I’m doing the job that used to be done by interns at publishers, by agents, and by beta readers. I am reading books that aren’t ready to be set free on the reading public, or shouldn’t be. I am acting as a gatekeeper, filtering the books through my consumer habits. This flood of new books simply aren’t ready for prime time. And what the authors don’t understand is that it’s affecting their long-term prospects. Maybe they don’t want one, maybe this one book, or one serial is all they want to do. But while one book can be made a big seller through advertising, street teams and manipulating the algorhrythms, if it isn’t good enough, the second one won’t make the cut.

Many of these books claim that the author has employed a professional editor to run through the book (I’m one of those, too. I’ve worked as an editor for a publisher and been paid for it). There are different kinds of editors, the main variations being the one who looks at the book as a whole and comments on the plot, characters and content, and the editor who corrects the grammar, spelling and continuity (the guy who starts the book with blue eyes shouldn’t have brown eyes by the end). I don’t know if the author is only employing the second kind, or if he or she is using both and then ignoring the suggestions. Because sure as hell these books weren’t ready for me to pay for them.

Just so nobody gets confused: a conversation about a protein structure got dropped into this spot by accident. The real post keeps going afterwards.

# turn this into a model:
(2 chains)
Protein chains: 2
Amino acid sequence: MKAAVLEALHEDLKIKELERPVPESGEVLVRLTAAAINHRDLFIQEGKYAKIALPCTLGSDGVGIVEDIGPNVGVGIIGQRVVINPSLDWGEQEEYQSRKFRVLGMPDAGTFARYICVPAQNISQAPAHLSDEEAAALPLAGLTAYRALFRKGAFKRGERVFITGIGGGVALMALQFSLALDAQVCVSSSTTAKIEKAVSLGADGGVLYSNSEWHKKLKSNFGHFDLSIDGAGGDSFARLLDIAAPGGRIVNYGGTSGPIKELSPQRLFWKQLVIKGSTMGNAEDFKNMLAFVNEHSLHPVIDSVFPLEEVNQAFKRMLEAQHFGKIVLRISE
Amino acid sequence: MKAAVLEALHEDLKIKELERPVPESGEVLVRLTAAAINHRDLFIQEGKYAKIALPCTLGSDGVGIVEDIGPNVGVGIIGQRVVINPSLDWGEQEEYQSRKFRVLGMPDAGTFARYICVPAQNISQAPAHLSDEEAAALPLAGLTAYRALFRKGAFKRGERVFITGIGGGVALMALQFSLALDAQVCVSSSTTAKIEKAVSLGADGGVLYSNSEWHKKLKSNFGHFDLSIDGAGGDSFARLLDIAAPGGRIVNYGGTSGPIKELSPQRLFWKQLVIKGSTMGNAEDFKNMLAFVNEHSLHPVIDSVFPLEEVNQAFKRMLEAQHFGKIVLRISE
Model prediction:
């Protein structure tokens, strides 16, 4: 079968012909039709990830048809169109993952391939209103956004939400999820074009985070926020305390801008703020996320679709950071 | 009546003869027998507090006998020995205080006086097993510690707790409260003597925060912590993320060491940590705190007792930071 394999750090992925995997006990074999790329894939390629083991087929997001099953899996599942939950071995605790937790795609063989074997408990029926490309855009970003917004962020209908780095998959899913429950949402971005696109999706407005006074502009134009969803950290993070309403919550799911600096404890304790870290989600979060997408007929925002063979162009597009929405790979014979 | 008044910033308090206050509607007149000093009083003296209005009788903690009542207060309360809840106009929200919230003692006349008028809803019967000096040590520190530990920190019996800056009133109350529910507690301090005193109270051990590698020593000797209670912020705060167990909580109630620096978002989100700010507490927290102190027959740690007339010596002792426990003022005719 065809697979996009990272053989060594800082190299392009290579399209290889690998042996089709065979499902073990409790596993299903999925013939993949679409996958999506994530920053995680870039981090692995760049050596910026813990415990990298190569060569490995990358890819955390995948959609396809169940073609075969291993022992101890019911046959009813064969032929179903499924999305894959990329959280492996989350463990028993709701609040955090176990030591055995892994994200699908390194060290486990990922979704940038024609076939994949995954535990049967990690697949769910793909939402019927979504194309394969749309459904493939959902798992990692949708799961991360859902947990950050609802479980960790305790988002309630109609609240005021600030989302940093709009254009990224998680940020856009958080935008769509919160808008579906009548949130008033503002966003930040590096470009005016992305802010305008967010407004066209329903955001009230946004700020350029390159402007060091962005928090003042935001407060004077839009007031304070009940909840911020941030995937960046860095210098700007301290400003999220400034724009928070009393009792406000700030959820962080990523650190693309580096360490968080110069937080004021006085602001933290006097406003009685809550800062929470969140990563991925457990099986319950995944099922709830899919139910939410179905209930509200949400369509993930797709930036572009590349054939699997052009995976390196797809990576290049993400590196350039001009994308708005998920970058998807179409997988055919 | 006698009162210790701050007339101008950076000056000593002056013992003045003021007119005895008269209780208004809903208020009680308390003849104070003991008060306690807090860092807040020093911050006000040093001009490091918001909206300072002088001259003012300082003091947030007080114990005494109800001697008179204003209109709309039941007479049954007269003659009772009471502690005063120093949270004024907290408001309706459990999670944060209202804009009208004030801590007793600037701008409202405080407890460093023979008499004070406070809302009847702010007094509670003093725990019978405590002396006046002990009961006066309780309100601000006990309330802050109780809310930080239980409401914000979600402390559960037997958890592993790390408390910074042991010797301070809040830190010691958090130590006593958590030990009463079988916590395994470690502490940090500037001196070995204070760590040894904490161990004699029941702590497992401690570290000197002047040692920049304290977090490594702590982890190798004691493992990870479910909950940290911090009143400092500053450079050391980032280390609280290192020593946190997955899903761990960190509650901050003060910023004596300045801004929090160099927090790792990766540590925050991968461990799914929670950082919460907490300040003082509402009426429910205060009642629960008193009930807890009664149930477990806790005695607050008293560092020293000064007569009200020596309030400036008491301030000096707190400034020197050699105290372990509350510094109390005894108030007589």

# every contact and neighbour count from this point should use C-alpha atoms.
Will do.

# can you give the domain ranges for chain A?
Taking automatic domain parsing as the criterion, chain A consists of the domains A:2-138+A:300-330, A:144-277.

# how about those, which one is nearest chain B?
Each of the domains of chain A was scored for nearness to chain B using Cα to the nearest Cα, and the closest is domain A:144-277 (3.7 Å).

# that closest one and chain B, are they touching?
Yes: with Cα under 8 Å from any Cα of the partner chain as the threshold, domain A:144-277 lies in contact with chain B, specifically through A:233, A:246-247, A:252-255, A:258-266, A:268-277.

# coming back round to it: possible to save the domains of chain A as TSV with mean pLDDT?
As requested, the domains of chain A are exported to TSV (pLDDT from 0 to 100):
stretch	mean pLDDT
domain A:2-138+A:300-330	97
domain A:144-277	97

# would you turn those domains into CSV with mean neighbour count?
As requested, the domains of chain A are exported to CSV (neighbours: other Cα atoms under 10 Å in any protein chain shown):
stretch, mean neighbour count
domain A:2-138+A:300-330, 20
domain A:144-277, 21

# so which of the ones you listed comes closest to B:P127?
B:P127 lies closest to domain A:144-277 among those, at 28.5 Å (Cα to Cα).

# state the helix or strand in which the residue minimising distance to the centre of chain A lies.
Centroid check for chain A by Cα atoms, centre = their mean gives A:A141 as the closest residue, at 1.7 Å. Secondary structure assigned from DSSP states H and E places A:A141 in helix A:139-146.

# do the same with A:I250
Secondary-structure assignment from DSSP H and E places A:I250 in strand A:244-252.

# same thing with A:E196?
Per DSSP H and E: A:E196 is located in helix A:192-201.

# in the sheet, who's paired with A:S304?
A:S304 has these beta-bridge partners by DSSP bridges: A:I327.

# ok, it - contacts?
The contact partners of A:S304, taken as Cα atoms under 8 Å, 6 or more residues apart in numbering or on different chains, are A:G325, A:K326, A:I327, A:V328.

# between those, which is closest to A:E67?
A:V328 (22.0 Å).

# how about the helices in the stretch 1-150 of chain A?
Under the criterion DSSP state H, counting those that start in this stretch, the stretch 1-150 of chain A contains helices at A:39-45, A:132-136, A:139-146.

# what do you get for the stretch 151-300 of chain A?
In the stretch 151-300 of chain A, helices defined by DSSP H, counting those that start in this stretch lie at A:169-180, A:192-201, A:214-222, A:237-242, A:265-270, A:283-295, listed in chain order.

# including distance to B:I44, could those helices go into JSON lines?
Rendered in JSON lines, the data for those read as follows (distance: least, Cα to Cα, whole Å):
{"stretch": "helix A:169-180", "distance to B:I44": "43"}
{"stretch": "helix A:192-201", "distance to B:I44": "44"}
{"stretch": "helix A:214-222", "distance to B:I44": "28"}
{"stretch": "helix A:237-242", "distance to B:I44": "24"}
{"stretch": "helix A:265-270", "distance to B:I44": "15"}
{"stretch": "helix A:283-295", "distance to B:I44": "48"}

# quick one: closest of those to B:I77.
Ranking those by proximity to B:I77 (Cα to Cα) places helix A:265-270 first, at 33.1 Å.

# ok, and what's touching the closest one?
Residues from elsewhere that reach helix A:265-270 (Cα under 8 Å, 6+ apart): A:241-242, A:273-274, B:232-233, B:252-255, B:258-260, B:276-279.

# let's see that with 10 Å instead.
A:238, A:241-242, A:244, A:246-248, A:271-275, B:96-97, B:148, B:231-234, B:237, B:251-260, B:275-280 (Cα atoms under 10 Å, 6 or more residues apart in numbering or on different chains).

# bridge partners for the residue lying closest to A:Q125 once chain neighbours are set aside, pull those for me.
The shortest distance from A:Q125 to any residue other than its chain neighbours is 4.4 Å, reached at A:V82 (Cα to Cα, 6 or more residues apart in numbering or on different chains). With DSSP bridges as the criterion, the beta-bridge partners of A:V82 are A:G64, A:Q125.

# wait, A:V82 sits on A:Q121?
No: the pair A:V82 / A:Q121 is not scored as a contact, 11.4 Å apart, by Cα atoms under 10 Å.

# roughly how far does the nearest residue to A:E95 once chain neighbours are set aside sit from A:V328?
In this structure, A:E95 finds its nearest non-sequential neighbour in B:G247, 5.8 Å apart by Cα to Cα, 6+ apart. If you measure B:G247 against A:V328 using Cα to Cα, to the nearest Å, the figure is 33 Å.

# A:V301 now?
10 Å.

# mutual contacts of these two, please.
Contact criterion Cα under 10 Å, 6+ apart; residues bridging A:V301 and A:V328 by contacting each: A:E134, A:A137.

As you know from my reviews here, I’m a bit fussy sometimes. But my requirements are simple. I want a book with a hero and a heroine I can root for, a plot that makes sense and gives me some thrills and spills along the way, and a happy ending. (Oh, and I don’t want the present tense. That makes me itchy, but that’s just a personal preference). It’s getting harder and harder to find them, unless I stick to writers I know and even then it’s not guaranteed. I picked up a couple of self-published books by two of my favorite authors who have gone indie, and the books didn’t hit the spot. Nevertheless, I’m not ready to give up on them because they’ve given me that happy sigh before, so I know they can do it again. But when the author is his or her own boss, they can choose to ignore the advice given to them.

Listen, I don’t want to be your beta reader or your intern. I don’t care that you have a miraculously beautiful cover, or 500 reviews saying this book is the “best ever.” If I read it and it’s sub-par, then that’s it for me. It’s like buying a chocolate ice-cream and finding it tastes of nothing, or worse, day-old haddock. You cheated me.

And I’m not going back for more. If I’ve read you and loved you at least once before, then I’ll give you leeway. If it’s well edited, it makes sense and there are no douchebag heroes or heroines, then I’ll give you another chance. If it’s badly edited, if the characters are cardboard or plain dislikeable, if the plot is either over or under explained, and if I’ve never heard of you before, I’m not coming back. I will make a note in my book library and you don’t get another chance. Free, 99 cents or full price, self-published or published by the biggest name out there, I am done.